Thursday, February 26, 2009

Lent Now Crosses Over to Protestants

[By OSEYE T. BOYD - The StarPress, East Central Indiana]

As a growing number of Protestants recognize the importance of the 40 days leading up to the death, burial and resurrection of Jesus Christ, more of them are observing Lent.

Long associated with Catholic, Orthodox, Episcopalian and Lutheran denominations, Lent is the 40-day period beginning with Ash Wednesday and ending at Easter. It's a time for Christians to focus on their relationship with God and remember the 40 days the New Testament reports Jesus spent in the wilderness fasting, praying and resisting temptation from Satan.

Numbers of Protestants observing Lent aren't available. However, local pastors say it's growing as denominational walls crumble and more ministers of different denominations understand the importance of the tradition and share it with their church members.

How Christians commemorate Lent varies. Some give up food, known as fasting, while others pray or read the Bible more or volunteer their time in the community. Although it's not forced, some pastors do encourage members to fast while others give weekly sermons focused on Lent.

"It's just something that's individual to them, although I did share with them on Sunday that for something to be given up or for it to be a sacrifice, it should be meaningful to them," said Jack Anderson, pastor of the Church of God of Prophecy.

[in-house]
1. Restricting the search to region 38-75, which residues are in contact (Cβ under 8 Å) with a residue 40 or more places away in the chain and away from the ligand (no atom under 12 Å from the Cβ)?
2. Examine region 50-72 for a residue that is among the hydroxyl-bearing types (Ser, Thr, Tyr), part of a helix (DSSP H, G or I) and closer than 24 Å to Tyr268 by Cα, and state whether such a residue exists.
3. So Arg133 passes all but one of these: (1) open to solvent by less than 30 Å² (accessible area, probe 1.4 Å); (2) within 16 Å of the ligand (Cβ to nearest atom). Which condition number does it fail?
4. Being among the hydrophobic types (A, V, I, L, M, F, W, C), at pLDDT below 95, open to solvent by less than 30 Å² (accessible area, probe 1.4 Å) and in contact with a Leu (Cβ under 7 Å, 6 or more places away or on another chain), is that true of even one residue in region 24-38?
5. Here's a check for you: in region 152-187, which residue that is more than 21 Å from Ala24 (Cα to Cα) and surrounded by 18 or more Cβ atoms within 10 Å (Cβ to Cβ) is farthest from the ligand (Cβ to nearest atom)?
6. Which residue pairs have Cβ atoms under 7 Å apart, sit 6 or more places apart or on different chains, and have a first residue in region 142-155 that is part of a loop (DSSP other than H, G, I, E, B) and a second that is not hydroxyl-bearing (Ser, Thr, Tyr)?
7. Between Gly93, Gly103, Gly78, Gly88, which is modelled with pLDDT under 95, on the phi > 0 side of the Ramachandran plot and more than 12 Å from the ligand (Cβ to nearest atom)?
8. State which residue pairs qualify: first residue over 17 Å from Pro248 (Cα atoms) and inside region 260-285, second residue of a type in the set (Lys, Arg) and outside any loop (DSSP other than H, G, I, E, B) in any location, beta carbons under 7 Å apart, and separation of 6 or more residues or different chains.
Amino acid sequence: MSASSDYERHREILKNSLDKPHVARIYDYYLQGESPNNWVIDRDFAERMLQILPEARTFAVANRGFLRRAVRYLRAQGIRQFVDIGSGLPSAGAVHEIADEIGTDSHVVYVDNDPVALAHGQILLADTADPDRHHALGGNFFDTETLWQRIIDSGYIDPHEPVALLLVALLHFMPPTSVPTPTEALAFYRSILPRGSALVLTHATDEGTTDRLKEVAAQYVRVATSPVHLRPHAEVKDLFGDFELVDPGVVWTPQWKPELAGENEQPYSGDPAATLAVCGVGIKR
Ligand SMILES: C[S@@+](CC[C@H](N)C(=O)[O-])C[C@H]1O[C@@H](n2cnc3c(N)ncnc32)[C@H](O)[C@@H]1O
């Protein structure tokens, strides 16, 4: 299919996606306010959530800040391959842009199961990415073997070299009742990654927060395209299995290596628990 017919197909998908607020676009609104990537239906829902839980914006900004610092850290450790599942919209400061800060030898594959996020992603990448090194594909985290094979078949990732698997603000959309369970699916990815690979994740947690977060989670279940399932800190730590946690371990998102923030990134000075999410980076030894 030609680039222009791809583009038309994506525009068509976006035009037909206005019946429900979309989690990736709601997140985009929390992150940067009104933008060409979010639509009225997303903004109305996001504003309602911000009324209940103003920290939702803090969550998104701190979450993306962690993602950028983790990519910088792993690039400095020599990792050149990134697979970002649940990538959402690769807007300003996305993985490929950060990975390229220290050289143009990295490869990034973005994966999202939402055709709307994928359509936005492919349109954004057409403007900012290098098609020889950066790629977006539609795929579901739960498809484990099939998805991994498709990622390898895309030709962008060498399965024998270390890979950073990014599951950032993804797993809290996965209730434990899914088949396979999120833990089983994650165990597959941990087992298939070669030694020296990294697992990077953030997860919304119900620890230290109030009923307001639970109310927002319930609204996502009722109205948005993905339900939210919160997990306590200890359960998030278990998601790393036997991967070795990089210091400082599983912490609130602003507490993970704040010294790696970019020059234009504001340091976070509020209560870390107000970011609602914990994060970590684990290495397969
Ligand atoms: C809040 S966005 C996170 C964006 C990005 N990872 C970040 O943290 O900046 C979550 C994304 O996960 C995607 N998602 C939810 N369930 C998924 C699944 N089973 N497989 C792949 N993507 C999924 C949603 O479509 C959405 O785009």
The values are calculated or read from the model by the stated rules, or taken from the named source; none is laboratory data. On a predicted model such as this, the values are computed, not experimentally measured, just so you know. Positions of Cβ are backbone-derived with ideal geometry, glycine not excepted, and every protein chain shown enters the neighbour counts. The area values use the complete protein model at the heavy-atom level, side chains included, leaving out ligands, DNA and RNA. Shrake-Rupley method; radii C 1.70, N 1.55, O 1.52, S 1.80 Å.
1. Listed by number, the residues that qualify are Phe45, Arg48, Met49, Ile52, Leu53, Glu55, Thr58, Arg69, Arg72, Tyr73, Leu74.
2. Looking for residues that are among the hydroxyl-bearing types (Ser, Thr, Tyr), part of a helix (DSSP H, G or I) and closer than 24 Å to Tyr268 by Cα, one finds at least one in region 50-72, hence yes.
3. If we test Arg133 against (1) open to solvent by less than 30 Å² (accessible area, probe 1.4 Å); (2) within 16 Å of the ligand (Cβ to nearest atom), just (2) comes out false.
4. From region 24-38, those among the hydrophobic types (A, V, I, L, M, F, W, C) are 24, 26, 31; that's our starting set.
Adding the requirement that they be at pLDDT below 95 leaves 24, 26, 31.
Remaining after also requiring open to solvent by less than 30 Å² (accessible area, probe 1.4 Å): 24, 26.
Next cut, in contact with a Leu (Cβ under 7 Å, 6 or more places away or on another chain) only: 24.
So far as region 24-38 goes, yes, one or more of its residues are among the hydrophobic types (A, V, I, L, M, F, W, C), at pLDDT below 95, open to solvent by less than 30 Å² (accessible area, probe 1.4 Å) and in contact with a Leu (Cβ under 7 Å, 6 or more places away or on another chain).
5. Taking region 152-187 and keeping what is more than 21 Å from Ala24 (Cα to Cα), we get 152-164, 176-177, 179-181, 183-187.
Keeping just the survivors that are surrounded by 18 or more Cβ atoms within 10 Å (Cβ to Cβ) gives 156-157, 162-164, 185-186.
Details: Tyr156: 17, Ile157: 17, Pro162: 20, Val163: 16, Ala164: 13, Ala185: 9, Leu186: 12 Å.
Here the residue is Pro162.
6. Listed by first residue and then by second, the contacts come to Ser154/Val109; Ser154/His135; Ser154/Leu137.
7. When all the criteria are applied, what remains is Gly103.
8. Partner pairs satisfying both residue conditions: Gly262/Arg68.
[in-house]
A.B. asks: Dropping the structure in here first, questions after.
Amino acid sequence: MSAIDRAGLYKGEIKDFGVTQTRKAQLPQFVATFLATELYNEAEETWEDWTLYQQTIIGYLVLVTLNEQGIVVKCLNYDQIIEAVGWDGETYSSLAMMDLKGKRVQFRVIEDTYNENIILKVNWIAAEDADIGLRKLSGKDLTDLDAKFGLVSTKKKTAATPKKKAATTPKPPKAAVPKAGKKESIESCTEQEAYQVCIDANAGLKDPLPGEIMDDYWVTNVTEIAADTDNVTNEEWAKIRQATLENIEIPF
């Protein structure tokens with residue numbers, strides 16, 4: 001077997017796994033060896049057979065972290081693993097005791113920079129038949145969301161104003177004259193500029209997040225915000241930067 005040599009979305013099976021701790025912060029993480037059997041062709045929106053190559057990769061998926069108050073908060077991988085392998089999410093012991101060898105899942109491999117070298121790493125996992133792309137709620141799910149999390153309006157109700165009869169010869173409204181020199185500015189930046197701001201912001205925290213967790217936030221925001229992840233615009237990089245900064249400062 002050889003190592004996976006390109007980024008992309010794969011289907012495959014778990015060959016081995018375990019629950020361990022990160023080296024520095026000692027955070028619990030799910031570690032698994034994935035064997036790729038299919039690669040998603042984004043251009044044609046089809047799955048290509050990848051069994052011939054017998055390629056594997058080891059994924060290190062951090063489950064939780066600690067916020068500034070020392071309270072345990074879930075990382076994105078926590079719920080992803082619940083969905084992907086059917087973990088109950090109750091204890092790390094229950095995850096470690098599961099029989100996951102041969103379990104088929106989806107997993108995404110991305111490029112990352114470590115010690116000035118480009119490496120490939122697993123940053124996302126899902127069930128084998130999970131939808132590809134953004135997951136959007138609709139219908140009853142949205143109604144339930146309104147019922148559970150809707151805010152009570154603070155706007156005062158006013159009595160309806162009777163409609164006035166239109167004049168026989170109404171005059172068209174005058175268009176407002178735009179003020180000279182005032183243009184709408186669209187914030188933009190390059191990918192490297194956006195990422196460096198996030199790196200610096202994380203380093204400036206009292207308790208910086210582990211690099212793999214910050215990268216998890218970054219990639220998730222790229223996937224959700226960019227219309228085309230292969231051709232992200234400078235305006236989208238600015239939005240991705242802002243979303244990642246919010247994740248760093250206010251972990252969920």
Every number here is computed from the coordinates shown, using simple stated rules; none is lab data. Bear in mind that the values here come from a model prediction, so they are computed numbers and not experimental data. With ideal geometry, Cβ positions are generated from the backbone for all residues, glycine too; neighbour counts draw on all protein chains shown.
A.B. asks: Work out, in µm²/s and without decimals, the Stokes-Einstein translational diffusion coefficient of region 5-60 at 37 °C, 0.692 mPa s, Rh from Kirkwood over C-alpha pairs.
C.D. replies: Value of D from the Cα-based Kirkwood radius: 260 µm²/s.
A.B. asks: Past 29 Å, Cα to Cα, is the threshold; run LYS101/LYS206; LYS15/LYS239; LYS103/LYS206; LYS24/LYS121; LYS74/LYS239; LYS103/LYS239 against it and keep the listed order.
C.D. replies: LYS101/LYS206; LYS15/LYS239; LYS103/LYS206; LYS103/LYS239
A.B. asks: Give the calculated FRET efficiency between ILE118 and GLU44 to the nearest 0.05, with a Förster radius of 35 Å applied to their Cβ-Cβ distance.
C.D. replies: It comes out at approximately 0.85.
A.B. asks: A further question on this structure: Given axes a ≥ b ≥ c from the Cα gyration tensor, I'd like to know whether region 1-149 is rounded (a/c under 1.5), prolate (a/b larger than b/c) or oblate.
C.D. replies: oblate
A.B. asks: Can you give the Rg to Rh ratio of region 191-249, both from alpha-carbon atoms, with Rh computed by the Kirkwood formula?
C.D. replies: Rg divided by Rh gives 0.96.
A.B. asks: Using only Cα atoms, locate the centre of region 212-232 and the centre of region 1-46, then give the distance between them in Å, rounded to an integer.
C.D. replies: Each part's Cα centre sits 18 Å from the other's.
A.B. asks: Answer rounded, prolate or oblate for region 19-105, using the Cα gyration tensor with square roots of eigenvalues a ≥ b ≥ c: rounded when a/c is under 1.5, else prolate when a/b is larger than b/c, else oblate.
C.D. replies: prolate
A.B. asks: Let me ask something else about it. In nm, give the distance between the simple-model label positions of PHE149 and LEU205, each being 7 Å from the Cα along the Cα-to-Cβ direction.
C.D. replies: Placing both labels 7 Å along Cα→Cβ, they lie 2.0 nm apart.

While High Street United Methodist Church isn't observing a Lenten fast, members are encouraged "to take the next step on our spiritual journey." It's up to individuals to determine what the next step should be, Senior Pastor Jack Hartman said. Hartman is giving a series of Lenten sermons.

"My analogy is it's kind of like courtship before you get married," Hartman said. "You really can't experience the fullness of Easter until you know the events that led to that."

1 comment:

Karl Laws said...

I grew up on military bases and was subjected to liturgical services. Not understanding the rationale for things like Lent I spurned them. I figured they were meaningless and repetitious religion that got in the way of a real "relationship" with Christ. I supposed myself superior to those who observed such practices. But then comes along an organization called Promise Keepers and more importantly a pastor named Don Brock. Both taught me the value of diversity and that not all tradition was bad. Both gave me a rich appreciation for my church forefathers. Lent is an awesome experience. It gives us a clearer focus and deeper understanding of the supreme sacrifice and how we translate that into our every day lives. Thank you Don and thank you Promise Keepers for opening the eyes of my heart and letting me see more of Christ!!!